Does it make sense? Read it aloud or use peer review for feedback. Imagine you are reading someone else's work and ask yourself whether the ideas are convincing or the argument needs further clarification.
Organisation and structure
You need to consider whether the organisation is reader-friendly and whether the main points are clear to your reader and in a logical order. Additionally, check that the relationship between sentences and paragraphs is clearly signposted.
- Have you backed up your argument with evidence, examples, details, and/or research?
- Have you missed out anything important?
- Make sure you have acknowledged all your sources.
- Are your quotations accurate?
- Is your bibliography complete and does it meet the criteria set down by your Course?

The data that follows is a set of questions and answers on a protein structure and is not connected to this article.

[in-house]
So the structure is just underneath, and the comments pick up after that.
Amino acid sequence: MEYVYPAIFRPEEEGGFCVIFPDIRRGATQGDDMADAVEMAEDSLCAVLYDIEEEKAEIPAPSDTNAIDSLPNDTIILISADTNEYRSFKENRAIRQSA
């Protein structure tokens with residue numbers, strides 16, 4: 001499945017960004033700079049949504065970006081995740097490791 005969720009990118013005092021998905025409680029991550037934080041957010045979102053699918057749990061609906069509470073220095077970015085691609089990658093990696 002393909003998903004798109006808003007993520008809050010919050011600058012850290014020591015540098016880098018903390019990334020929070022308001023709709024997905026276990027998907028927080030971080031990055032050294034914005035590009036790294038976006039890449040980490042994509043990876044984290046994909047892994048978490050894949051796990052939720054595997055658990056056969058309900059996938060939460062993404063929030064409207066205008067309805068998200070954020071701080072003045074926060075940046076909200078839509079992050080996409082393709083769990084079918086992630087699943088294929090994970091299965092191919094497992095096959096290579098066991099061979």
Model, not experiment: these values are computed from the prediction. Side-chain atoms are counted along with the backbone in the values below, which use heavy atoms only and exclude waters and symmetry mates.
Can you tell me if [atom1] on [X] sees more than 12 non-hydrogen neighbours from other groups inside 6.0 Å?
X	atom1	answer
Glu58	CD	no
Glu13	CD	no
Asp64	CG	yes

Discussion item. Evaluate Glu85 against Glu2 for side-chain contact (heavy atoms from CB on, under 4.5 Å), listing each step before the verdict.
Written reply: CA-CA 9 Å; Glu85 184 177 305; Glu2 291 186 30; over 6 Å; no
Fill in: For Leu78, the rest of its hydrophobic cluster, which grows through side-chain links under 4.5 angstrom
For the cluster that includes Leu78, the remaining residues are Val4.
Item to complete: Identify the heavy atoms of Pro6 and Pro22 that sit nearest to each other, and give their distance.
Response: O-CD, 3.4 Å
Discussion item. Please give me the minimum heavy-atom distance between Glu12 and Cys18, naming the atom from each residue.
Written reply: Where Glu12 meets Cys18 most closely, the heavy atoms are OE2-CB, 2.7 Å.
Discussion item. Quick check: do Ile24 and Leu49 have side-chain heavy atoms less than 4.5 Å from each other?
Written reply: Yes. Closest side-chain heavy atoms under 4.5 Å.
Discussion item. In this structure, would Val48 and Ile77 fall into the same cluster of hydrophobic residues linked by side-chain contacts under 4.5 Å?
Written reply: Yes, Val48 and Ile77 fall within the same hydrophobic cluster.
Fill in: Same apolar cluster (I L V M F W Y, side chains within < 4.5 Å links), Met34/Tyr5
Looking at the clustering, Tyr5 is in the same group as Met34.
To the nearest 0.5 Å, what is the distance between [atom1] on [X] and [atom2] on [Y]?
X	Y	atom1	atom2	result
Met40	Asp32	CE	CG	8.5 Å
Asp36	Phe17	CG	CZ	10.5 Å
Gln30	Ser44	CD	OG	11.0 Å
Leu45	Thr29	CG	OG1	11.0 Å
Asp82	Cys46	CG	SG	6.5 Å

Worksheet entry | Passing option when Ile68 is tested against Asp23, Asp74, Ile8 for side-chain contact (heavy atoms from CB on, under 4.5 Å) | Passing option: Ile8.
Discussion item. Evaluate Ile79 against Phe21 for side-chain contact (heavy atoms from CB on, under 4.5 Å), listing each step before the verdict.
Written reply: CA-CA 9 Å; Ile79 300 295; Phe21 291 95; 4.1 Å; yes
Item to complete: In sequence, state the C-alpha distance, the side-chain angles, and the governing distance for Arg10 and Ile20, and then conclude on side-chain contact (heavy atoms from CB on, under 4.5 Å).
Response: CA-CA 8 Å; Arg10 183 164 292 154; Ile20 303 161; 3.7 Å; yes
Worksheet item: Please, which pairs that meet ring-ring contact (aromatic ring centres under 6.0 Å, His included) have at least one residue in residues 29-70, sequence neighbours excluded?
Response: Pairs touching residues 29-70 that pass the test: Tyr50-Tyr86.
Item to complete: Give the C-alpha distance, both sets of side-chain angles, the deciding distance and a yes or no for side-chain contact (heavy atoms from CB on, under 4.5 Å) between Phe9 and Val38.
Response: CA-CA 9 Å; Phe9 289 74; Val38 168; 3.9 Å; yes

- Are your citations complete and do they meet the system recommended by your Course?
- Re-write awkward expressions or clumsy phrases.
- Split up sentences that are too long.
- Check for relevance.
- Check for consistency.
- Eliminate repetition.
Punctuation, spelling and grammar
Use the spell-checker to check your text for spelling, grammar and punctuation, but proof-read yourself as well. Refer to UCL's grammar webpage or other language resources, such as dictionaries or grammar guides.
- The introduction introduces the main threads of your argument and defines any parameters you have set.
- The conclusion draws together the main threads of your argument and forms a judgement of some sort.
- Spelling, grammar and punctuation are correct.
- The referencing and bibliography are accurate and complete.
- You have taken account of feedback received.